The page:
Publication date: April 2018
Source:Cancer Epidemiology, Volume 53
Author(s): Ghassen Soussi, Nissaf Ben Alaya, Nawel Chaouch, Hajer Racil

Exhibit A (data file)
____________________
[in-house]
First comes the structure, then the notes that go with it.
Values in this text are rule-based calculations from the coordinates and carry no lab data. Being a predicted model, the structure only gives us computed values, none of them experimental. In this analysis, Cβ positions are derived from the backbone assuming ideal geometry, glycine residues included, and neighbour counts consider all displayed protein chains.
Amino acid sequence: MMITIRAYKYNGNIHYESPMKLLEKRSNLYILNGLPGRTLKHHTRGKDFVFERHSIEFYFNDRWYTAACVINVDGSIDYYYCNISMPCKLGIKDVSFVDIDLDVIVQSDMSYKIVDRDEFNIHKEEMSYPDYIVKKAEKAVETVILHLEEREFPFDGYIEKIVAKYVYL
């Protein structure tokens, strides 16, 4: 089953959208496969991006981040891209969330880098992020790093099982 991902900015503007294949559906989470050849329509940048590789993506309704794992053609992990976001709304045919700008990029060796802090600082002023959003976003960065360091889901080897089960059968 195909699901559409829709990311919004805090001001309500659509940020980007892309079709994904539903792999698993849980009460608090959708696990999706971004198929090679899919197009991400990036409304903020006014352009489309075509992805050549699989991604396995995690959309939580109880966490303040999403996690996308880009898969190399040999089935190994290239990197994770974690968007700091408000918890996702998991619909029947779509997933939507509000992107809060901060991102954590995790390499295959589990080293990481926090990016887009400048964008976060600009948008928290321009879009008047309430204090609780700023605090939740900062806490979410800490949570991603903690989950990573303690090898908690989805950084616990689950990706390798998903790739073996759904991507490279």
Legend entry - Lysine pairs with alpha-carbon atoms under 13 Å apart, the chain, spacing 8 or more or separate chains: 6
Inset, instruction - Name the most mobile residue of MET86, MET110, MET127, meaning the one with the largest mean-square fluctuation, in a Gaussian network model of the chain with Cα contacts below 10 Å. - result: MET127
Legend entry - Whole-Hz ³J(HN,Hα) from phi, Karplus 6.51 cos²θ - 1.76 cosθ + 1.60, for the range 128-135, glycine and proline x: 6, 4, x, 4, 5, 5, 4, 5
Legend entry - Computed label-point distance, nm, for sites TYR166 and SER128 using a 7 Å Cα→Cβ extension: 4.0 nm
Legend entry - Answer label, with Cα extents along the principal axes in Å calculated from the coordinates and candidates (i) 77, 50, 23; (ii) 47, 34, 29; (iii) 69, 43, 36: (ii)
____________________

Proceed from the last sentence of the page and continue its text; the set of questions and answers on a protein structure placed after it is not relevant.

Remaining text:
IntroductionDespite the continuous efforts made with the TNM system, the issue of heterogeneity of prognosis within the stages of non-small cell lung cancer (NSCLC) could not be resolved. Our aim was to identify prognostic factors and develop an index to predict NSCLC survival with greater accuracy.MethodsWe conducted a survival study over 5 years on patients with NSCLC. Kaplan–Meier analysis followed by Cox regression modelling were used. Prognostic indices were derived, using either an additive or a multiplicative pattern, and were compared by their receiver operating characteristics (ROC) curves. We then proceeded to a risk stratification and validation of the index on the derivation cohort.ResultsTwo hundred and sixty-two NSCLC patients were included. Two models were constructed, using the following nine variables as prognostic factors: age, performance status, haemoglobin level, leucocyte count, calcium, lactate dehydrogenase, alkaline phosphatase levels, histological type and TNM stage. Four prognostic indices were derived, and the best one was picked and validated on a population of five risk groups. The higher the risk group, the shorter the survival.ConclusionsThis novel and simple prognostic tool could predict survival more accurately in patients with NSCLC.
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